This article first appeared in the IDF blog and has been adapted.

Two photos tweeted in the past 24 hours, both allegedly depicting the results of Israeli air strikes in Gaza in recent days, have been proven false.

1. The photo first tweeted by Khulood Badawi (@KhuloodBadawi) and later by Diana Alzeer (@ManaraRam), allegedly depicting a Palestinian girl killed by an Israeli air strike yesterday, was proven to have originated in 2006 and to have had nothing at all to do with Israeli action. This photo is now the top tweet for #Gaza, with over 300 retweets. It is completely false.

Both were refuted by tweeter Avi Mayer (@avimayer), who found that the photo dated back to 2009 at least.

Further research revealed that the photo was taken in 2006 by Reuters, and that the girl, initially thought to have been killed in an Israeli air strike, was injured by falling off a swing. When confronted with this information, Alzeer stated that the photo was taken last night and forwarded to the press that day.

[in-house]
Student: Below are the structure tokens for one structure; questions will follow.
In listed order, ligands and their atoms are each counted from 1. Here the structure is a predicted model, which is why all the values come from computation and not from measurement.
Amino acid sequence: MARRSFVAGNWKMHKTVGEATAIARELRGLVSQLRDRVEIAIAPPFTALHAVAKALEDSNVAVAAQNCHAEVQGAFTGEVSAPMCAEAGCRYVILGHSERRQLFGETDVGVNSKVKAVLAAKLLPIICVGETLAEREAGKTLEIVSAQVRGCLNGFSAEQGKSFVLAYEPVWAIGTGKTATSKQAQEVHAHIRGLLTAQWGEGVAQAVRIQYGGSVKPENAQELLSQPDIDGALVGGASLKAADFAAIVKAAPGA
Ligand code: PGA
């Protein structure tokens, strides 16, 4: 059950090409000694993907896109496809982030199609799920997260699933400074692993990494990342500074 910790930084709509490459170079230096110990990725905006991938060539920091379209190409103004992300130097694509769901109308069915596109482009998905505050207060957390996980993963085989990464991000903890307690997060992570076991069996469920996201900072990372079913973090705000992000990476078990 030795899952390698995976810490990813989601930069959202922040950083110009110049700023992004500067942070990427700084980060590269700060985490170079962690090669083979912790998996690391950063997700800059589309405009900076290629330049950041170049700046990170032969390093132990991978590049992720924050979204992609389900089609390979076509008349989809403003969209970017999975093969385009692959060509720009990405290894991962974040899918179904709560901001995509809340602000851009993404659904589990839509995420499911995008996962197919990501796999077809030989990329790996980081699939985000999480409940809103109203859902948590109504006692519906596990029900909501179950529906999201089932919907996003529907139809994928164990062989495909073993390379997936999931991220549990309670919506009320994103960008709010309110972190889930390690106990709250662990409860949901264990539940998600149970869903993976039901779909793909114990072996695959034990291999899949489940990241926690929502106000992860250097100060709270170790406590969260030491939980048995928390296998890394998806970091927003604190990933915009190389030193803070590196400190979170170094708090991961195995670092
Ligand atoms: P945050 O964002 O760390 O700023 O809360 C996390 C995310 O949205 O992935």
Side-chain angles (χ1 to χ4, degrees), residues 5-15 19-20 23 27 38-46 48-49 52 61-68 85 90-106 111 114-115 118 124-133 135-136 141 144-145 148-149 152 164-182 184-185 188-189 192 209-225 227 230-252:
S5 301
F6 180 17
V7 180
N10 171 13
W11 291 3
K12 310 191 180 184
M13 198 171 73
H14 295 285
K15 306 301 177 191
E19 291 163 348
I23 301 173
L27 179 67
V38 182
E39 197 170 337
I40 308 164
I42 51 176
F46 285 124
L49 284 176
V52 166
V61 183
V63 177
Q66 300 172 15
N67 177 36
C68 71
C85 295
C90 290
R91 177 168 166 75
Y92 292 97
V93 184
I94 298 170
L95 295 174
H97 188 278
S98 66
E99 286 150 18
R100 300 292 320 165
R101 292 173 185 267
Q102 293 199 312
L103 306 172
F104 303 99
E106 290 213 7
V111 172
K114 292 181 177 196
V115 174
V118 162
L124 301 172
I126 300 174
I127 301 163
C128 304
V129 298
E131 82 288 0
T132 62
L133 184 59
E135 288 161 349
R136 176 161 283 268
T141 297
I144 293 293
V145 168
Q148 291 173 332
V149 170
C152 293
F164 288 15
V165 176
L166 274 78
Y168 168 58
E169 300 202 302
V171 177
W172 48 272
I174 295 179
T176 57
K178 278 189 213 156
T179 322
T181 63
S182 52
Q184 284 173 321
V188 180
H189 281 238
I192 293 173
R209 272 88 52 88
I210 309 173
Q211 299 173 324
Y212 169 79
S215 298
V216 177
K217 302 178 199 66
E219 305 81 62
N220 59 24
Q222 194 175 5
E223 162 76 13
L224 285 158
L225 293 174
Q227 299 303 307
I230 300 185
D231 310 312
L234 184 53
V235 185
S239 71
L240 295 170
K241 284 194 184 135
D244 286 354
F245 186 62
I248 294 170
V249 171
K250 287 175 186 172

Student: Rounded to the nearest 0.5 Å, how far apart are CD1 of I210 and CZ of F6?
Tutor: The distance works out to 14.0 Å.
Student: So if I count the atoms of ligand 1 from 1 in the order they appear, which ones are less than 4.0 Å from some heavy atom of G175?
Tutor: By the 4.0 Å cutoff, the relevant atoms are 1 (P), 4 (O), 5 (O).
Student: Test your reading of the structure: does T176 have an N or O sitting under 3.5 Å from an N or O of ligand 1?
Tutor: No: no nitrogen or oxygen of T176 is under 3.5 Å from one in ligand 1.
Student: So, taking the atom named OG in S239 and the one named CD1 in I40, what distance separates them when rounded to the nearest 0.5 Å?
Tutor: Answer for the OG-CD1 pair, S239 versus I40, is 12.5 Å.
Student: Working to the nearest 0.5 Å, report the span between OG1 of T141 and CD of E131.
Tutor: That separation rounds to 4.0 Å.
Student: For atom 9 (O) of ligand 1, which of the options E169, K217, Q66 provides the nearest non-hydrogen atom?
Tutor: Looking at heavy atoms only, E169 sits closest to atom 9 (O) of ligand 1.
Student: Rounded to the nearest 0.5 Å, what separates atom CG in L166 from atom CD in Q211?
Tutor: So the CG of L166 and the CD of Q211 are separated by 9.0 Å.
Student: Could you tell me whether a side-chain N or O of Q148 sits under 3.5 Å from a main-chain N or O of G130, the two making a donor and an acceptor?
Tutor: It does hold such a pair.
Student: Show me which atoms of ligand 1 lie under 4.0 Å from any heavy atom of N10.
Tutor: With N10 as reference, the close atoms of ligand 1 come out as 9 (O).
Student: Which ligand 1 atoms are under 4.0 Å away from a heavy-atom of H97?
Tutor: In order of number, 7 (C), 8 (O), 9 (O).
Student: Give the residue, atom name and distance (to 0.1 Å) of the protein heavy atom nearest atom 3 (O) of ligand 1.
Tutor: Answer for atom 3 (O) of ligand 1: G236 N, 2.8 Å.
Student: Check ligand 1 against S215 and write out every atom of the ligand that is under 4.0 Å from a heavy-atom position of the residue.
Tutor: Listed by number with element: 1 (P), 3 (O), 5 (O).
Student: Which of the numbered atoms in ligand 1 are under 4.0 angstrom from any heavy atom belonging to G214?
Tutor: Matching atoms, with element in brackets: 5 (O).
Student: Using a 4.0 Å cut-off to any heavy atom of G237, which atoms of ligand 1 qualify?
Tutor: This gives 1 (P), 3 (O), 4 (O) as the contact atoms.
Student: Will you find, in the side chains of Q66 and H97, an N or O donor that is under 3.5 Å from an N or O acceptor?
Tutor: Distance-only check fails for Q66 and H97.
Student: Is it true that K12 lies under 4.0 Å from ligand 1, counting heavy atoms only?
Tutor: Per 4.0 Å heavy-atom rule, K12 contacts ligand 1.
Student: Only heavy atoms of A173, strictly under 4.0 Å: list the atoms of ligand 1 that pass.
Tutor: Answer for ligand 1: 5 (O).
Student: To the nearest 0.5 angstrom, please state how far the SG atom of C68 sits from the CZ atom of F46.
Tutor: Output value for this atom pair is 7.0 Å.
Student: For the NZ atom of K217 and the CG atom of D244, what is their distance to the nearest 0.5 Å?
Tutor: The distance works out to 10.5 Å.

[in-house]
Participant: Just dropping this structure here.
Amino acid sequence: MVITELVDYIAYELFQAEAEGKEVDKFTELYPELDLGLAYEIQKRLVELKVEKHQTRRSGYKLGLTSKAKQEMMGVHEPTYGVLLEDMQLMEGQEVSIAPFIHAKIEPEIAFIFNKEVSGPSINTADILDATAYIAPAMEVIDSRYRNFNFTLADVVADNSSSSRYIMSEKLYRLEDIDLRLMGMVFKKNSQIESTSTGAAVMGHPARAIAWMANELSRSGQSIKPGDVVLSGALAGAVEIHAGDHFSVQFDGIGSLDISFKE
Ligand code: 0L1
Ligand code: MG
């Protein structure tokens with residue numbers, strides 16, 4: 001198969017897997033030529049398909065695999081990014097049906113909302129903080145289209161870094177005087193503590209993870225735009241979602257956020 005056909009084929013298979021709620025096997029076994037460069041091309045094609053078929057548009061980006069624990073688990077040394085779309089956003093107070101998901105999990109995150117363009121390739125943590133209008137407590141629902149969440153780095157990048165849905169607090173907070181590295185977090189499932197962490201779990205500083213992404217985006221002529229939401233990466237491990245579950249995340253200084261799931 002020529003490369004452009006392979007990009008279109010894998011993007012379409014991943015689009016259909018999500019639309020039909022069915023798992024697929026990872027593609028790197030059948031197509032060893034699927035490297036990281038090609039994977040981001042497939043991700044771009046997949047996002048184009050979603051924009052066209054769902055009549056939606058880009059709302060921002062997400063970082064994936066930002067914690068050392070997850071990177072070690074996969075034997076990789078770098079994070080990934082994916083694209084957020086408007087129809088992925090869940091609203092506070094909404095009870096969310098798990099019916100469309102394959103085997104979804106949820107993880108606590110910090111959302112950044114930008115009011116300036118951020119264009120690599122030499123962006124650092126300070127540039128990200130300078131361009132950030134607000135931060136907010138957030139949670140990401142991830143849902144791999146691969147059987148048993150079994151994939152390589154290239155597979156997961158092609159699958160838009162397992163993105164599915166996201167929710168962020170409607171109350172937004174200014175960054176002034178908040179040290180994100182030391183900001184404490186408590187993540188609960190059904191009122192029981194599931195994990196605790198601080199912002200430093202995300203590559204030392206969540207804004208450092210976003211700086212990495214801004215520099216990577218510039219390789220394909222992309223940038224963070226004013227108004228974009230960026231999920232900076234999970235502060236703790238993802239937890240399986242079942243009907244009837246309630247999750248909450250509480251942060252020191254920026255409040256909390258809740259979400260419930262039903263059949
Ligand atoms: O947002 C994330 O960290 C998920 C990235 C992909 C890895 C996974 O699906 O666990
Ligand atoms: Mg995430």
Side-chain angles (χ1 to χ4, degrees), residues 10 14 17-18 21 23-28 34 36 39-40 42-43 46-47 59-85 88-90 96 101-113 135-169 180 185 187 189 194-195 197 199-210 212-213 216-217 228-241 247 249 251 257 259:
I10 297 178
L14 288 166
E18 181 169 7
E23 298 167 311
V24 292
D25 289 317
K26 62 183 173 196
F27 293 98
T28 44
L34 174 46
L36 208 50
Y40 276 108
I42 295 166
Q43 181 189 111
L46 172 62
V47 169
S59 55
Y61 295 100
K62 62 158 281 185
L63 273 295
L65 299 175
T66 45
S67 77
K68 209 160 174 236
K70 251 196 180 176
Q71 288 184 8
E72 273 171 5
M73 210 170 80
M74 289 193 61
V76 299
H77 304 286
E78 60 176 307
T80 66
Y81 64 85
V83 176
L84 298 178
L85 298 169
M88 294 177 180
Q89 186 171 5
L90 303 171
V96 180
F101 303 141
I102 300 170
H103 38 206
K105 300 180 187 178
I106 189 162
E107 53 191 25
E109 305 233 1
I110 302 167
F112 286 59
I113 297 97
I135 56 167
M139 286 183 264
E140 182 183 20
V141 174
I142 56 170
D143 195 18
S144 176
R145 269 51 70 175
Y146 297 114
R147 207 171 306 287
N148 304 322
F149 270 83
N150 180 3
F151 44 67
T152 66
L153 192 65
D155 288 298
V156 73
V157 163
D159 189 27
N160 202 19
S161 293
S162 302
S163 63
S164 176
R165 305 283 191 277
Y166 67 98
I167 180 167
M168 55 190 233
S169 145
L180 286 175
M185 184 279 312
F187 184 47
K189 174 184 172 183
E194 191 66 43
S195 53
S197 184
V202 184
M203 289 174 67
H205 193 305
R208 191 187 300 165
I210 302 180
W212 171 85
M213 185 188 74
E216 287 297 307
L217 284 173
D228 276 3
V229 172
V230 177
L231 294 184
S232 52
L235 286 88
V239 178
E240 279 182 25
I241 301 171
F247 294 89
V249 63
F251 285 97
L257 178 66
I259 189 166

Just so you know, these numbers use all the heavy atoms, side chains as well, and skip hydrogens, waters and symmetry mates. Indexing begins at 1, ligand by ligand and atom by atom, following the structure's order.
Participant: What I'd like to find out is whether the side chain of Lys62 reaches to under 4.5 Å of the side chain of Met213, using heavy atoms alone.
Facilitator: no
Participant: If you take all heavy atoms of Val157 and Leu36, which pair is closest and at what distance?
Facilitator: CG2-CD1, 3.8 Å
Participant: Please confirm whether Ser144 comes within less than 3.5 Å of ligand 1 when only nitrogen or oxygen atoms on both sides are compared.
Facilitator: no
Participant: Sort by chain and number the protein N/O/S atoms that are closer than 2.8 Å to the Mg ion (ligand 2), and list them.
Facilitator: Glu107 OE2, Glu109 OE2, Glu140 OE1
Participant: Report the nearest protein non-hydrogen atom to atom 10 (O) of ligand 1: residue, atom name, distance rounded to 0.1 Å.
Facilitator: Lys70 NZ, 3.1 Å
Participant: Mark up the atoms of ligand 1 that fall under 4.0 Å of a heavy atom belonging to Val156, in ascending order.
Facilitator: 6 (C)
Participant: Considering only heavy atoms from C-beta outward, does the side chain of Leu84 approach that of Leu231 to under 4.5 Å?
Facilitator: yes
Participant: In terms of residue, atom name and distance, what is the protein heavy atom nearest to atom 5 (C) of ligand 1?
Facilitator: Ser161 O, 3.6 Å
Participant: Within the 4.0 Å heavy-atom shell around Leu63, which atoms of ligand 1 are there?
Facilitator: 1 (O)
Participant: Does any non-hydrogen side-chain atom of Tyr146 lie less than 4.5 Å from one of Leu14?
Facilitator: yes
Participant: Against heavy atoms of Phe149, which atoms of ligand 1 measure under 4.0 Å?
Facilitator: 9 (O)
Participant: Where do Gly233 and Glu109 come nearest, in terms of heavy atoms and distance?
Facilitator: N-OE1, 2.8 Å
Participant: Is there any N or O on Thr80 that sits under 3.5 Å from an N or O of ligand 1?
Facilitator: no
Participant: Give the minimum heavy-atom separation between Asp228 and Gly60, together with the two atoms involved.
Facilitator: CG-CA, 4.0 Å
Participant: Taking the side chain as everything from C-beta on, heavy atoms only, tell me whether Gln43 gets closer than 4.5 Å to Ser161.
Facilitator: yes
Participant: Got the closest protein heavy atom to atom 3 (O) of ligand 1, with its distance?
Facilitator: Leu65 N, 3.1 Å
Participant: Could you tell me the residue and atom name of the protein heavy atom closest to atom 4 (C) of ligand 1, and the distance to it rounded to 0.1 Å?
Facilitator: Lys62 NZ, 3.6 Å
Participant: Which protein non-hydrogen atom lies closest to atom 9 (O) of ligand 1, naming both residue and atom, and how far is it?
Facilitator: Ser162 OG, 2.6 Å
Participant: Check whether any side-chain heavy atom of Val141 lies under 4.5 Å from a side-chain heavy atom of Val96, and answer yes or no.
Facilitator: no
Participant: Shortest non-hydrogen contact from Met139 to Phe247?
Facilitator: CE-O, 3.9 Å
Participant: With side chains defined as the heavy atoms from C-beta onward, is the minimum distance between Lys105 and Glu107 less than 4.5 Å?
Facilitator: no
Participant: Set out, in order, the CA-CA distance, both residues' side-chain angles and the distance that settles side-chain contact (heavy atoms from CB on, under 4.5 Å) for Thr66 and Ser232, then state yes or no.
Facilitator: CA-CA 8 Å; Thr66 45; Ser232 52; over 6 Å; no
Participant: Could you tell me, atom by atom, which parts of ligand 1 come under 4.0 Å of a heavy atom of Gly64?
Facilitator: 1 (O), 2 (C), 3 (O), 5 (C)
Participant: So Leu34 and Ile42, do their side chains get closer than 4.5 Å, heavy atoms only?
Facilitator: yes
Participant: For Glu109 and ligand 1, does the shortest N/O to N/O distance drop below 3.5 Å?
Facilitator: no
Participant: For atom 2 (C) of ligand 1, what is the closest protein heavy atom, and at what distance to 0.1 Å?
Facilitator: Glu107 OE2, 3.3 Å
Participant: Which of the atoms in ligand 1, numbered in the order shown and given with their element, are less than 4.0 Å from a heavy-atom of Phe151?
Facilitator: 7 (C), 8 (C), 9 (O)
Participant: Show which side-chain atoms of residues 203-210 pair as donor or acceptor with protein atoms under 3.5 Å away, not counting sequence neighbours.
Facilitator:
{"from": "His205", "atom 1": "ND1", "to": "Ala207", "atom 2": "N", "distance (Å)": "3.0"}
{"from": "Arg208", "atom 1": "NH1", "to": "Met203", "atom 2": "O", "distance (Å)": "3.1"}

The original tweets, however, have already been picked up by hundreds of others and continue to circulate around the web, despite having been thoroughly disproven.

  2. A second photo tweeted Maissam Nablussi (@Nablussi), allegedly showing an aerial strike in Gaza today, was proven to have been in circulation back in 2009, completely unrelated to the current round of violence.

On March 11, Nablussi uploaded a photo to Facebook, claiming it depicted “Gaza under attack today”

The photo was revealed to have first appeared on various websites, including that of Reuters, in 2009, following Operation Cast Lead.

After the truth behind the image was revealed, Nablussi blocked access to the Facebook post. She has yet to retract her claim regarding yesterday’s aerial strike. Neither has GazaYBO.

This isn’t the first time people have spread false information about the IDF.

A photo of an IDF soldier purportedly stepping on a Palestinian girl in an act of brutality was recently debunked, after having been proven to be captured in Bahrain in December 2009.

The photo was identified as staged due to several fallacies, such as the use of an AK-47 rifle, which the IDF doesn’t use, as well as inconsistencies with the imposter’s uniform, and with operational reports from the field.

This article first appeared in the IDF blog and has been adapted.